*SIGH* the stack of books I want to read just keeps getting larger – If I don’t die till I finish it I am immortal!

  19. Read it last night in the wee hours. I couldn’t sleep due to an oncoming headache, cough & chills. Then I couldn’t sleep because… well you know. Good read despite the lousy personal context.

  20. Reading it now. Cant help but feel a little shiver as my facebook page is full of people complaining about having a spring flu with respiratory symptoms, and GI upset.

  21. John, I *loved* Unlocked, but I also spotted a couple of errors (in the e-version). Want me to send them to you privately? I’d rather not do it publicly unless that’s okay with you.

  22. Purchased it on Amazon! I do love the one-click purchasing on e-books, it is the only time I allow myself to use that feature.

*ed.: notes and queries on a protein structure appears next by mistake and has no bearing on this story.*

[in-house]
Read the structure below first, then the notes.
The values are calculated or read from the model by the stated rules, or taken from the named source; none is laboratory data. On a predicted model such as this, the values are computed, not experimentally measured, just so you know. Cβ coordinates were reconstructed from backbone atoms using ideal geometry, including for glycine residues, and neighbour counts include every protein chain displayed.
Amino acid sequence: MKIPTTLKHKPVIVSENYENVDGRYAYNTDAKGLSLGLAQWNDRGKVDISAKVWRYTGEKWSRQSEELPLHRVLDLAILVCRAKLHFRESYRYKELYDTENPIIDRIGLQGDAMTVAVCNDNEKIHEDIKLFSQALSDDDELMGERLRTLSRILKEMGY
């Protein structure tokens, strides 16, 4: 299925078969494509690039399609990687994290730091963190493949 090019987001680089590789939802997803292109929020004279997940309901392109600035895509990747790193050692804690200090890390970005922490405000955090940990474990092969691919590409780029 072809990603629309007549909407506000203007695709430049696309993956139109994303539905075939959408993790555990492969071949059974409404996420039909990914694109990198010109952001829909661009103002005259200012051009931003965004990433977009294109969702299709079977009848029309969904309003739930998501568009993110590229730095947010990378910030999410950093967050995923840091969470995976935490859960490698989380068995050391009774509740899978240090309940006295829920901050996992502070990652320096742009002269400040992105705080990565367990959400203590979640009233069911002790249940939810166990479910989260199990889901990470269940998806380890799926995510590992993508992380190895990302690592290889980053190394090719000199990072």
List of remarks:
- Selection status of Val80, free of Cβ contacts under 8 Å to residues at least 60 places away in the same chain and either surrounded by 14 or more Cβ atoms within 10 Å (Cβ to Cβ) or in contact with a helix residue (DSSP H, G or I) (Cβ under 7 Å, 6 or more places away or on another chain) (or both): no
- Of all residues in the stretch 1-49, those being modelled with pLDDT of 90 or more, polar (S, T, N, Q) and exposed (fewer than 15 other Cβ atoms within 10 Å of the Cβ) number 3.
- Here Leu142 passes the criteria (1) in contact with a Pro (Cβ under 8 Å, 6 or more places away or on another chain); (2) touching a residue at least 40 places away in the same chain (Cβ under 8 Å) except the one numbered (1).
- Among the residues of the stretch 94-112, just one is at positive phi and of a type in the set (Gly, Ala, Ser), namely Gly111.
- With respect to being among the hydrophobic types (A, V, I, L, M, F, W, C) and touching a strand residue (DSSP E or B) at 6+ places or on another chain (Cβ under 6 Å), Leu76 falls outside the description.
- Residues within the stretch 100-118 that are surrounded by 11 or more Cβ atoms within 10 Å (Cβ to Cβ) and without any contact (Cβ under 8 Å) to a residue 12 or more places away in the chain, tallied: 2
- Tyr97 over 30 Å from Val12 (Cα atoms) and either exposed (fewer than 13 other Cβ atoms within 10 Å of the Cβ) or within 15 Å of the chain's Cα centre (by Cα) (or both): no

Looking forward to reading this after I finish the other Scalzi book I’m reading!

  23. Oh Google Play, you’re such a tease! Having pre-ordered the signed hardback, I thought I’d check out the “free sample” on Google Play. Here’s what it consists of: Cover, blank page inside cover, title page, dedication, “copyright infringement is illegal”, table of contents, and “you’ve just finished your free sample”.

  24. Read it last night. Very good! The overall direction that they end up taking with the survivors wasn’t quite what I expected, which made me very happy. The vast majority of media is predictable and this? Not so much.

    I’m not sure whether to thank you for the first chapter or curse you as a tease though! I really want that book NOW. RIGHT THIS MINUTE MISTER! Quite enjoyable chapter though – jumps right in and gets moving. Now, when’s the movie/tv movie/mini-series coming out?

  25. Just finished it this morning. Really enjoyed it. Will there be a Locked In book tour?

  26. Also, is it okay to discuss spoilers in this thread? You made a a few points in Unlocked that made me think.

  27. Ari B:

    Lock In book tour. Yes. We’re nailing down dates now.